To help Americans bombarded with multiple messages on what constitutes healthy eating, Oldways — the non-profit nutrition organization best known for creating the Mediterranean Diet Pyramid and the Whole Grain Stamp — will organize Finding Common Ground in Boston on November 17 and 18. The two-day summit will ask an international group of top nutrition scientists and medical experts to come to a consensus on the healthiest, most sustainable ways of eating.
With scientific co-chairs, Dr Walter Willett of the Harvard School of Public Health, and Dr David Katz, Founding Director of the Yale Prevention Research Center, the conference will bring together scientific and medical experts on diets ranging from Paleo to Vegan, and Gluten-free to Low-GI, to agree on a common core of nutrition facts.
As Harvard’s Nutrition Chair, Dr Willett emphasizes that the discussion will be grounded in science. “Our goal is to carefully evaluate the flood of new scientific and, sometimes pseudo-scientific, information coming out from all directions and craft a unified message about eating well.”
The conference’s goal is to make clear recommendations to alleviate the confusion that is rampant among Americans. “Consumers need to understand that it’s not chocolate for breakfast or wine at bedtime that will help them live a long, healthy life or lose weight — despite the headlines they see daily. Basic principles of good eating and nutrition are widely shared by many cultures,” says Sara Baer-Sinnott, President of Oldways. “This ground-breaking summit is a way of determining where we find common ground and then uniting scientists and journalists in a positive campaign for better health.”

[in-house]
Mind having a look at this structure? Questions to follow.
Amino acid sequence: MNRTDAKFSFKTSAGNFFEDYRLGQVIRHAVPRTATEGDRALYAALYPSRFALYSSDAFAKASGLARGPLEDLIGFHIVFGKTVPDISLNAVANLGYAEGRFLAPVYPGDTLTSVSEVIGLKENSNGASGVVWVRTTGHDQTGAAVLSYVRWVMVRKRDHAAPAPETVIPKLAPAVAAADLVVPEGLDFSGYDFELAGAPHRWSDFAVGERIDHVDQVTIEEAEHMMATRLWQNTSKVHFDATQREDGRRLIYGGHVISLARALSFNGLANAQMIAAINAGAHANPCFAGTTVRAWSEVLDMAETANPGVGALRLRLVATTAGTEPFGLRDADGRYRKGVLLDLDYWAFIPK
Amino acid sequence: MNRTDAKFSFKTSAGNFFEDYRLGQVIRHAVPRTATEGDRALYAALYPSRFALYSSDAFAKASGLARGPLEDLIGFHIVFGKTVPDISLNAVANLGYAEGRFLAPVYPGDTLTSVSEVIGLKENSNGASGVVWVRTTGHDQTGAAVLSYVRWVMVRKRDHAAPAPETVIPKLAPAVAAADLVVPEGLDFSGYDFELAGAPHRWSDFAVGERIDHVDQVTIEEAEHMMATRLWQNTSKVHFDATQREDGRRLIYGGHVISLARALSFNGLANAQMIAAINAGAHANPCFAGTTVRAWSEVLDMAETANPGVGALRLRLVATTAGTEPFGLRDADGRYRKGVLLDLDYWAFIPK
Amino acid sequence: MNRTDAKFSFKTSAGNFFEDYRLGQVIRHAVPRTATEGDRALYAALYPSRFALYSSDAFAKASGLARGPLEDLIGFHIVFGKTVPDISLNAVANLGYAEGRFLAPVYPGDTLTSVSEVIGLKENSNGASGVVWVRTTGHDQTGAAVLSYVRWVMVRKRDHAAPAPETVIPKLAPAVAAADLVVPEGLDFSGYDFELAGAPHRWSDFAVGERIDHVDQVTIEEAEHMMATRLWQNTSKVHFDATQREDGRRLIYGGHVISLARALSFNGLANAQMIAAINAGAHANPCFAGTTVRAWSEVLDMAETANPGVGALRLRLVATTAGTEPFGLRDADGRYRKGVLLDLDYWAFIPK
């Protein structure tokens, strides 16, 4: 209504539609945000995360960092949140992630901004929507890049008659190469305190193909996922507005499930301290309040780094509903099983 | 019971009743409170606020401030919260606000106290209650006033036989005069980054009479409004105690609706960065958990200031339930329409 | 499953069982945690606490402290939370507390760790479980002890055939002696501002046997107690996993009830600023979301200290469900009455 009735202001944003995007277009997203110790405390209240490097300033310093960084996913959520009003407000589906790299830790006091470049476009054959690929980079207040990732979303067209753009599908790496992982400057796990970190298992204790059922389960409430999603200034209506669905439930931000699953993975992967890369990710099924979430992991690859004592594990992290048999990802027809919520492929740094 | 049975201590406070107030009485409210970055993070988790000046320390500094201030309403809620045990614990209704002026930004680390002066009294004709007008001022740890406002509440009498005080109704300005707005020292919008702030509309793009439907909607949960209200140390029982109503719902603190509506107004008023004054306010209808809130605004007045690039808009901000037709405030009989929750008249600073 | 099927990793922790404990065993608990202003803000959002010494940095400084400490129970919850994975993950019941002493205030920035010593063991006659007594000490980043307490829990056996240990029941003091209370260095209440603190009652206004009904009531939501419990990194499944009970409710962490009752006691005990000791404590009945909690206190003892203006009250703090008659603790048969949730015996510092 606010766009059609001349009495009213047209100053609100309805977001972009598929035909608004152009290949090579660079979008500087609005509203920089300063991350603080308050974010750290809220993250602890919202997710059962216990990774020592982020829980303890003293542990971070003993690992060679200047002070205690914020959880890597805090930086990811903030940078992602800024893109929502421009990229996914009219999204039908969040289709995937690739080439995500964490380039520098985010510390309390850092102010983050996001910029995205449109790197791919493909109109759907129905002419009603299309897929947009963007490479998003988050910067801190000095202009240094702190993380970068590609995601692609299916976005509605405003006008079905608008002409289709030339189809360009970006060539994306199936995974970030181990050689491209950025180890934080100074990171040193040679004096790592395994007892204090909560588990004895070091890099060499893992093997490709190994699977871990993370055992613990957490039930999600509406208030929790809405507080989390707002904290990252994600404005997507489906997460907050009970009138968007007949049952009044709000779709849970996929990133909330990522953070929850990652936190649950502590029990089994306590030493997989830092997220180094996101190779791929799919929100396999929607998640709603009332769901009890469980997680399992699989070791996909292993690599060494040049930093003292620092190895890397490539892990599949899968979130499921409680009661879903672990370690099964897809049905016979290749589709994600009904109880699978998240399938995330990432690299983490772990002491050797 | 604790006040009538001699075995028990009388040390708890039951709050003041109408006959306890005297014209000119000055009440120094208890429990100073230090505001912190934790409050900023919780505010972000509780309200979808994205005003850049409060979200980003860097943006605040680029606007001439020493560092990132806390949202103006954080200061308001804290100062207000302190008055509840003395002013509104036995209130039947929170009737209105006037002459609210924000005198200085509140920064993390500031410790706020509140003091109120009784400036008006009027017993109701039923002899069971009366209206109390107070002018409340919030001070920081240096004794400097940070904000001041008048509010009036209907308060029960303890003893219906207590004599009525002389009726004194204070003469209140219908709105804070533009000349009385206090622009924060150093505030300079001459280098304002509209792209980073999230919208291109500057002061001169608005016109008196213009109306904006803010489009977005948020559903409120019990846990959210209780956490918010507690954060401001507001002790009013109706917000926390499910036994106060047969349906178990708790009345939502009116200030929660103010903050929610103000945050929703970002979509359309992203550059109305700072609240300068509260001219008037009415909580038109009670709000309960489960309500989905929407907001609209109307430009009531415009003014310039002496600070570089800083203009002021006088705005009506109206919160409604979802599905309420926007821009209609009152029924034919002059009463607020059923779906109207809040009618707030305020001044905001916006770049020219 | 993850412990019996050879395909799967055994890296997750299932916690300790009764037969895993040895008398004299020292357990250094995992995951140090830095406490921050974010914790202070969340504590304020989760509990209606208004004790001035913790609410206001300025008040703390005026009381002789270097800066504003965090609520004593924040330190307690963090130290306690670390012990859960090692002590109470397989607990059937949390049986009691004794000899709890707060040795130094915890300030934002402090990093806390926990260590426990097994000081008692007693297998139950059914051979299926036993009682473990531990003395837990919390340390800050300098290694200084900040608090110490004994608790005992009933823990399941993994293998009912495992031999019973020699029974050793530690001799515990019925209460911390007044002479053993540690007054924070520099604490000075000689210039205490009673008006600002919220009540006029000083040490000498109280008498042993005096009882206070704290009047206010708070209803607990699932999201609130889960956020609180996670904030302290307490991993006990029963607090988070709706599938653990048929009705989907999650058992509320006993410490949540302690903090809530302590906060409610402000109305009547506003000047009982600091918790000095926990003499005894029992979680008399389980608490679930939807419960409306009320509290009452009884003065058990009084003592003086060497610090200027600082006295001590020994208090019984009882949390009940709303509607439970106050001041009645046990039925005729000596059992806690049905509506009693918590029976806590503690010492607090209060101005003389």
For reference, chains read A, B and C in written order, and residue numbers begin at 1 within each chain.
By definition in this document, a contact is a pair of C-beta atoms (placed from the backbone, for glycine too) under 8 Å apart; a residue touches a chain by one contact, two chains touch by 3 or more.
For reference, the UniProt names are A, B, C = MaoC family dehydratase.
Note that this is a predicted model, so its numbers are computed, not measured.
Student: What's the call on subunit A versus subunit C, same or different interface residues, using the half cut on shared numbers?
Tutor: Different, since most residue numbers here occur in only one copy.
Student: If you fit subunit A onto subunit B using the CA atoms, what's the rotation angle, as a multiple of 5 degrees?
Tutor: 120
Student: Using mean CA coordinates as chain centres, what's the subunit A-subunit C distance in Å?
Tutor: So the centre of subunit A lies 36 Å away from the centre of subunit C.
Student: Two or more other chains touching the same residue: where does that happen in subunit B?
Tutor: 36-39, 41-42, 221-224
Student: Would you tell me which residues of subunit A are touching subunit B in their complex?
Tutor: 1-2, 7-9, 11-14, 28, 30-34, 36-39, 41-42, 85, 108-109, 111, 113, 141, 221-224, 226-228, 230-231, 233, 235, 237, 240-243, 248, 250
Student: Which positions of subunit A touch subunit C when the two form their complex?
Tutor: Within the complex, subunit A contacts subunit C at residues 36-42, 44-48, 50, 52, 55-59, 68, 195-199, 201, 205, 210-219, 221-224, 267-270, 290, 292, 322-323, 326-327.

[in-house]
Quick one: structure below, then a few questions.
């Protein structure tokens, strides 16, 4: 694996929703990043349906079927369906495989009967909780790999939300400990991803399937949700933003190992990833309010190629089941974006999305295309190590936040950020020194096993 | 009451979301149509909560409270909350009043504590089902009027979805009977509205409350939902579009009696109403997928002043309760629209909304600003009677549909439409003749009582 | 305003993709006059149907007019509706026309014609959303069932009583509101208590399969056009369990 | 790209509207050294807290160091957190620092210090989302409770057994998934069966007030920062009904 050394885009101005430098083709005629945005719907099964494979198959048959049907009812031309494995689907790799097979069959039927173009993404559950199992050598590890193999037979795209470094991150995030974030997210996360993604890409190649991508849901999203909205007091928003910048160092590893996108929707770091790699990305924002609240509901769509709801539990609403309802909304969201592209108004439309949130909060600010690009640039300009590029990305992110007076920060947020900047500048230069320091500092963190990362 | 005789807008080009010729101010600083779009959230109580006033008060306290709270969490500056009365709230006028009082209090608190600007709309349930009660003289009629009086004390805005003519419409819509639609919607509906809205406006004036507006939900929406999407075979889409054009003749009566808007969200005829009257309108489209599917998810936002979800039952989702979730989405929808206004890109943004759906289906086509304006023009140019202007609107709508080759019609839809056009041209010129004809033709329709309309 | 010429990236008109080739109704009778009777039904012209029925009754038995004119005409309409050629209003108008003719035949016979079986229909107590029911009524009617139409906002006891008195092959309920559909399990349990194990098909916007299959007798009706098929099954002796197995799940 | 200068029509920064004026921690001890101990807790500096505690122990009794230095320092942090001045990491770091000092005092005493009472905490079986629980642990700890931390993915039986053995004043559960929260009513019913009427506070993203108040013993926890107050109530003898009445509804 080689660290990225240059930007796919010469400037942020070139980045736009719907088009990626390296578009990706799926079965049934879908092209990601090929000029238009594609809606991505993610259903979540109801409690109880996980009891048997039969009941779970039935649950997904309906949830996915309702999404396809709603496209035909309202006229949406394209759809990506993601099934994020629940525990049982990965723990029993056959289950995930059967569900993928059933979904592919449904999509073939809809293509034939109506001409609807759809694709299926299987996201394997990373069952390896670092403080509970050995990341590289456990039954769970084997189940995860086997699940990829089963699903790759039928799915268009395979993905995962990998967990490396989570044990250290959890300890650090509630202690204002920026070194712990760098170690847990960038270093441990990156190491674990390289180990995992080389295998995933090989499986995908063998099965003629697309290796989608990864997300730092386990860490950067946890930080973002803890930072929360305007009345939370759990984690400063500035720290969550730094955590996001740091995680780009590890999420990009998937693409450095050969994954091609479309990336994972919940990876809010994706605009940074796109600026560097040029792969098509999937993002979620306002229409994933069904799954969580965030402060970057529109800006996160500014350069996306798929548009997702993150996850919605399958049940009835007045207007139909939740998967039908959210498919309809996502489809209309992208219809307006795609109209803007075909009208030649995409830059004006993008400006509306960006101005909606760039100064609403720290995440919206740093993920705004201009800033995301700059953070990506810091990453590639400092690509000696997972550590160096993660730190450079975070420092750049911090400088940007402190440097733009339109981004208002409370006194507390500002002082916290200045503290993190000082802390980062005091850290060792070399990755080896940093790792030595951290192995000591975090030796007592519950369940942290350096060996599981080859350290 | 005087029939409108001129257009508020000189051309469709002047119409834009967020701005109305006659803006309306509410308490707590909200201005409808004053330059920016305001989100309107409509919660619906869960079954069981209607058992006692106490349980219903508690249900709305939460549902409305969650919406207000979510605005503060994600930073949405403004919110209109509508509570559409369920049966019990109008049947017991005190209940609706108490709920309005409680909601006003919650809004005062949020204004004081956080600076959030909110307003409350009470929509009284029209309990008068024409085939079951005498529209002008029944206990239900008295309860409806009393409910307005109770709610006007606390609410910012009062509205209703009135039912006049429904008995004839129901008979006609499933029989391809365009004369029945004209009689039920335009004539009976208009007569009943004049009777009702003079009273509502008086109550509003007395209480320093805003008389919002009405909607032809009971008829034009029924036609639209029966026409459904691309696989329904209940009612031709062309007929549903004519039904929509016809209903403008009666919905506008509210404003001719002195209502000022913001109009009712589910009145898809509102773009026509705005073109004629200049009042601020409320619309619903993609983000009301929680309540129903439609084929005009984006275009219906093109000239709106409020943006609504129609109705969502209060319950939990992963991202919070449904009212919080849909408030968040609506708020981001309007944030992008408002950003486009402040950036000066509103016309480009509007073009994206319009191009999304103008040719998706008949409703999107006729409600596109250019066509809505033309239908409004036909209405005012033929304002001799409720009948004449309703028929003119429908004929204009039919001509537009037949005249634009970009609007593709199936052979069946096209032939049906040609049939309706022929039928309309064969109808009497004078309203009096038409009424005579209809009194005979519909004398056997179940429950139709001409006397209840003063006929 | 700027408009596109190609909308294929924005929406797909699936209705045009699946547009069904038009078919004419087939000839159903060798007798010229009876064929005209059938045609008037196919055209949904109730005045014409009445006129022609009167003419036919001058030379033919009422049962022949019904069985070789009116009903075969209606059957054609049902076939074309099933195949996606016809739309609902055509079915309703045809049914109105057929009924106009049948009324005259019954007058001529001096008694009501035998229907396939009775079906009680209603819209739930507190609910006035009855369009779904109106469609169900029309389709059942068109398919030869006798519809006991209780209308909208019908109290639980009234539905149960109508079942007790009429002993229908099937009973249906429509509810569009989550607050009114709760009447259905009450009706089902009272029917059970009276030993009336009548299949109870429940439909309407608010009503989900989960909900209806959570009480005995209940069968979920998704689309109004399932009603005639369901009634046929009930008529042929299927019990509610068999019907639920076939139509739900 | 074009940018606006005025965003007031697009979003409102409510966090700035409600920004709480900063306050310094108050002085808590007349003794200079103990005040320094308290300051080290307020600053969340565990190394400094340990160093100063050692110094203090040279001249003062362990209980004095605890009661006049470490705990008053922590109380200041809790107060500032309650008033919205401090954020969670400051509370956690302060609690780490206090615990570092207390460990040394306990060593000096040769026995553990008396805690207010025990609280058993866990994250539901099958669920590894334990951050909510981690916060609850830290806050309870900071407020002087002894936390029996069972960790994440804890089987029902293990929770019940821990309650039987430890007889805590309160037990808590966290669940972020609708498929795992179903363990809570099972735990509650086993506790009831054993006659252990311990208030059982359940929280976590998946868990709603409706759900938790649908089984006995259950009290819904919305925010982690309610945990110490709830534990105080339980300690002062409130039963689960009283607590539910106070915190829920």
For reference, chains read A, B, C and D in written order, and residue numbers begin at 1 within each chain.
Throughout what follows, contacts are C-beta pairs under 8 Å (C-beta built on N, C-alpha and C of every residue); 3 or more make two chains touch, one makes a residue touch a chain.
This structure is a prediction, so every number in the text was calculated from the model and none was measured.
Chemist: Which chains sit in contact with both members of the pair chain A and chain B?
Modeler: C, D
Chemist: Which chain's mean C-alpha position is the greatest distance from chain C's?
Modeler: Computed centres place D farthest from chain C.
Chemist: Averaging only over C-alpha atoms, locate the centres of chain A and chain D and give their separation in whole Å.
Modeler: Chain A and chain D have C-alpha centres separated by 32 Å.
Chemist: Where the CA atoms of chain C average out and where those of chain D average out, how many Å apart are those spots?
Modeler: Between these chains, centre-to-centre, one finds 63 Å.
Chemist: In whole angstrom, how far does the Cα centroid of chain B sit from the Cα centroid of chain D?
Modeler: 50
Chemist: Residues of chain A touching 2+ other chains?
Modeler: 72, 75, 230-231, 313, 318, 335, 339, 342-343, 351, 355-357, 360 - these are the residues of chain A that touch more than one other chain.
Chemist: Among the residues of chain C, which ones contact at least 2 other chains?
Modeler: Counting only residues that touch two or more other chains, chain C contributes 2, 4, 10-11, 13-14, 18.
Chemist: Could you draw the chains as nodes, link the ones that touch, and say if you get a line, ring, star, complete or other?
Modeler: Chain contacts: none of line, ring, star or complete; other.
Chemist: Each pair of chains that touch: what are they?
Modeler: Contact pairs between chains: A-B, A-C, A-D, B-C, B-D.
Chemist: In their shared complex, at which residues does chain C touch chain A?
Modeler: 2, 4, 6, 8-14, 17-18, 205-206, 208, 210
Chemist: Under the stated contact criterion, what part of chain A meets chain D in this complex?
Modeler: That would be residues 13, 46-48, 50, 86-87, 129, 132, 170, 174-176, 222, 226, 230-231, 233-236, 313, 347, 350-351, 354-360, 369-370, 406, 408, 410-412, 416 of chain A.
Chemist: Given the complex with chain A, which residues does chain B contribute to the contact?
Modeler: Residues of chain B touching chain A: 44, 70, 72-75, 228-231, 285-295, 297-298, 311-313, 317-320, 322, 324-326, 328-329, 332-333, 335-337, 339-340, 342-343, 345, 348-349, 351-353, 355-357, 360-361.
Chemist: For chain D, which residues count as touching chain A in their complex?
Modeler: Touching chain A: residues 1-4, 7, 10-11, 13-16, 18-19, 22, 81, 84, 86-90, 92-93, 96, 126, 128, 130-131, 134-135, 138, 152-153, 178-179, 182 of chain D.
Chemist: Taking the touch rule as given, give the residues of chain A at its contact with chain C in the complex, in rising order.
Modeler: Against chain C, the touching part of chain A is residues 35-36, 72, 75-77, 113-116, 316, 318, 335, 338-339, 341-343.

Finding Common Ground will also evaluate the role of the media in contributing to Americans’ health and nutritional information and misinformation, with leading journalists in the industry contributing to the discussion on how — and why — nutrition messages get distorted.
The conference is the first to work with the media to identify tools by which journalists can educate themselves before disseminating news to the public. “We also want to address ways the media can cover new research going forward, without getting caught up in sensationalism and fads,” says Baer-Sinnott.
Additional participants in the conference will include scientists such as Dr Dean Ornish of the Preventive Medicine Research Institute and prominent media such as Dr Kathleen Zelman of WebMD, as well as experts from Princeton, Stanford, Cornell, Tufts, Emory and the Universities of Toronto, Athens and Navarra. Also presenting will be speakers from Boston Children’s Hospital, Massachusetts General Hospital, and the Physicians’ Committee for Responsible Medicine.